Logic 9 – I’ve used Reason, Ableton, Cubase and finally came to Logic, it was awkward to start with but once I had set up a lot of esx24 sample instruments it creates a fast work flow. They’ve improved the audio functionality a lot in Logic 9 and I’m finding I’m using less samplers and more audio nowadays. Also many of the people I work with use Logic 9 and this certainly helps collaborations over the internet.

Any new studio technology or gear you’re liking at the moment?

Most the UAD plug ins I’ve purchased have been great, but I like to use things for a while and not get a new plug in each week. I feel technology is a blessing and a burden, with so much information out there and new products it can get in the way of just sitting down and writing music.

Whats your monitoring situation like? What speakers and / or headphones do you use?

As I said I’m using Adams A7x with Adams Sub8, the studio is small so this is more than adequate. I have AKG K702 headphones that are nice and clear for a second reference.

Any advice you can give us regarding mixdowns?

Best advice I’ve been given which gets the fastest results is to reference other peoples mixdowns whilst your creating your track. Especially the drums, get the drums right then its easier to balance everything around them.

What production technique do you think is really overused / annoying?

I don’t tend to dwell on things I find annoying, much prefer to spend my time finding things I enjoy.

What do you know now that you wish you had known when you started out?

Speaking to people who are at a higher stage in their career can provide a tonne of information that would take myself longer to work out. It can really accelerate your learning. I spent a long time fooling around by myself which I guess is good in some respects as I got to make my own mistakes and find my own way, but having someone to guide me would have sped up the process.

Tell us a bit more about how you created the sounds on your new sample pack and what you set out to achieve with it.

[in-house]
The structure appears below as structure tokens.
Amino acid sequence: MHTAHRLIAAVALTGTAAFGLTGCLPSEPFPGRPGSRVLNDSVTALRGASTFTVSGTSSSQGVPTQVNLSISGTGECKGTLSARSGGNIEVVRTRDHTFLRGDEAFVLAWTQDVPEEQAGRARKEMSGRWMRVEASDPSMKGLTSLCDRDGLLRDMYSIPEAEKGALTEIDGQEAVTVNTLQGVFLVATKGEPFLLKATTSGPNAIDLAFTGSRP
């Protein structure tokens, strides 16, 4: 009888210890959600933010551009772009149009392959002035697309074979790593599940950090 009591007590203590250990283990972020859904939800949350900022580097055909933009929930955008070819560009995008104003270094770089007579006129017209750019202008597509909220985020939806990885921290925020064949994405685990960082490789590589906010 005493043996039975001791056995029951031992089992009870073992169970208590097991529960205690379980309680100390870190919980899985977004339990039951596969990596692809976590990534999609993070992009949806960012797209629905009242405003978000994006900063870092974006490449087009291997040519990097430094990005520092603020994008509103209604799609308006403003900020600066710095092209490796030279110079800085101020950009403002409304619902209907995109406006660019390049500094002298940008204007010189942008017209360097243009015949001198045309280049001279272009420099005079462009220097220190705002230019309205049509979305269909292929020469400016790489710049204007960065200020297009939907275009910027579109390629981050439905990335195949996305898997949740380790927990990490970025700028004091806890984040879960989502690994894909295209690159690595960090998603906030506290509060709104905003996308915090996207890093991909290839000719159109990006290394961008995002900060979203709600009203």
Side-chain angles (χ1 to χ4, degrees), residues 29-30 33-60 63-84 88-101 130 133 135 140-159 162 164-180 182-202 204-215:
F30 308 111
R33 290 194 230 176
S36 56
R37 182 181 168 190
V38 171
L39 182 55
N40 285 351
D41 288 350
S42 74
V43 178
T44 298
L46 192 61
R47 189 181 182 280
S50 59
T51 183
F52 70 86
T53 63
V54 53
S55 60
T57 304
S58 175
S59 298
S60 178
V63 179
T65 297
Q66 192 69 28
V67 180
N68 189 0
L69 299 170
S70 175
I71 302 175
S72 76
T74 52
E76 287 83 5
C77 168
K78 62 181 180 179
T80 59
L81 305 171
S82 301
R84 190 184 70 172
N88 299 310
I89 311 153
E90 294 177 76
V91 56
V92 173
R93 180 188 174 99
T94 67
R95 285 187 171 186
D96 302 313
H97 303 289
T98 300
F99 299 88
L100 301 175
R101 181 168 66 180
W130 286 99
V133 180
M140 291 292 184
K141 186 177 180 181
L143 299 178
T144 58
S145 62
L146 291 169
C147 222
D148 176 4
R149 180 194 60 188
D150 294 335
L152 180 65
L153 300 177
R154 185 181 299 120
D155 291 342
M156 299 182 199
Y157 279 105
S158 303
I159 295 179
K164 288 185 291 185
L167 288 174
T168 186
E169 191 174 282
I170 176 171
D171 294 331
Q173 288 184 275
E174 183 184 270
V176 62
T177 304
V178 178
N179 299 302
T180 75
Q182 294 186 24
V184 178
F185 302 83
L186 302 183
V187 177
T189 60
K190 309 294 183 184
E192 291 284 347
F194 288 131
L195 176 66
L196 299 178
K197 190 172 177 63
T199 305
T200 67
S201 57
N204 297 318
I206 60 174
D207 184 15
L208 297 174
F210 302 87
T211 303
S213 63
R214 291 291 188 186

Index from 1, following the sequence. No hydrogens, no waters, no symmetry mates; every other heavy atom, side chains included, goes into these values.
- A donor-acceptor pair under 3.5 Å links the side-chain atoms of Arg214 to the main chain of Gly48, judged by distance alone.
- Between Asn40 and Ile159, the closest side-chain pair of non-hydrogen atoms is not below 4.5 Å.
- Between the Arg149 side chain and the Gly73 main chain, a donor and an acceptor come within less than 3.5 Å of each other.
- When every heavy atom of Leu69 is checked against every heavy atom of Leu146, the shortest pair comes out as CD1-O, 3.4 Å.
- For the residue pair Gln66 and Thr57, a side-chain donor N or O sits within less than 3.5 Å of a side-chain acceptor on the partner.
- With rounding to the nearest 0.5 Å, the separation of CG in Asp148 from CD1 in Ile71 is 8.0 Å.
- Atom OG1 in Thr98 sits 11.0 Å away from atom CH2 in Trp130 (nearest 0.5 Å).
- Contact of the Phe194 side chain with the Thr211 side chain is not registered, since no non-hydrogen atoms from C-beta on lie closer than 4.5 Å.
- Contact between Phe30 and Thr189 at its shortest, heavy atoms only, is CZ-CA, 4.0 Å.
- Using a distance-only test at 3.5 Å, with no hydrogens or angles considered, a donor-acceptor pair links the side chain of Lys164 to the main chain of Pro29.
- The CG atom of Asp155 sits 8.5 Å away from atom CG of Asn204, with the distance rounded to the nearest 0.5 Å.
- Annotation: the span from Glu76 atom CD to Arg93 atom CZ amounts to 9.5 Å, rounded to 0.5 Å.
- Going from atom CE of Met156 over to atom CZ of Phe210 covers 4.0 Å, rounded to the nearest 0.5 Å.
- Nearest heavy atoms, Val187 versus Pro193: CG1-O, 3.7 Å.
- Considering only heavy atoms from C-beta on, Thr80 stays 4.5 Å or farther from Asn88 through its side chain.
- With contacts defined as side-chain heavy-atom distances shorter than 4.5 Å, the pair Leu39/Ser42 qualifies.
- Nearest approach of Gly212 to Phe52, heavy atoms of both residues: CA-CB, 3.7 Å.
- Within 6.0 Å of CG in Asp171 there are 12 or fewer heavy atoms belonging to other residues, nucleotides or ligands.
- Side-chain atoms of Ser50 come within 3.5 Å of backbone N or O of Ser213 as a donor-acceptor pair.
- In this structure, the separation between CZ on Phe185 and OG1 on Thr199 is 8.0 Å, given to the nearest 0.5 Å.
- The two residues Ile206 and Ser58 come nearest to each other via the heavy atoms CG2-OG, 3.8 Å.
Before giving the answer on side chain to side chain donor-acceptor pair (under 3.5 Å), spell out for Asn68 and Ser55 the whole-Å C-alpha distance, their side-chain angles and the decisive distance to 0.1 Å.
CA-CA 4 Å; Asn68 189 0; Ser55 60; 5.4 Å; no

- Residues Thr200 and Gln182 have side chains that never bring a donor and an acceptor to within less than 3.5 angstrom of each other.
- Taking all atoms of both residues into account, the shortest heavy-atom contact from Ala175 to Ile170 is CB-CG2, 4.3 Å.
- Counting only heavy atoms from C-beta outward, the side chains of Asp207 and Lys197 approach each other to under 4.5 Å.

Sample packs have dominated drum & bass past and present. Andy C & Ant Miles famously created Valley of the Shadows using many samples from a free CD on Future Music in 1993, Digital creating Deadline using a Reinforced sample CD… the list goes on.

I wanted to create a sample pack that can be used by any producer whether beginner or established. So the pack contains easily usable samples like full breakbeats, or more simple bass tones which are great for a basis of building a bassline.

A lot of the sounds have been created using outboard equipment which gives them a distinctive timbre and I always find these cut through the mix better compared to software equivalents. A lot of young producers will only have a limited set up as it takes time & money to build a studio, this will give them a taste of what outboard equipment can do.

Also as a bonus I was able to record a Fender Rhodes 73 through an Roland Space Echo, this is hard equipment to come by, so for a small price you can create with samples made on thousands of pounds worth of equipment.

Why are you releasing it independently?

Well, I’ve been wanting to create a sample pack for other producers for a while. I saw Emperor and Centra had released theirs independently and felt it was a great idea.

I love the fact I can conceive the idea, create it and begin selling a high quality product within one month, no waiting for others or third parties, it’s instant. Also these samples are gonna be brand new, less than a month old, so producers will be using very fresh sounds.

I think right now is so exciting for new musicians, once they’ve established themselves they can really take hold of their own careers. I’m looking forward to having my own record label.

Got any releases in the pipeline you can tell us about?

Next up is Warm Communications, track called ‘Whatever Whatever’ written with Mako & Fields. That’s released in June 2013.

I’ve got tracks signed ready to come out soon with Samurai, CIA, Utopia Music, Symmetry, Dispatch, Metalheadz and V Records.

Anything else you’d like to tell us about?

I’ll end by saying if you feel you have a talent in something or just a huge passion then pursue those with all your heart. You’re only here once.

VILLEM Drum & Bass Sample Pack Vol 1 is available exclusively via www.villemmusic.com from 20 May 2013.

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About Author

Colin Steven co-founded Knowledge Magazine in 1994. He also runs a book publishing company called Velocity Press specialising in electronic music and club culture.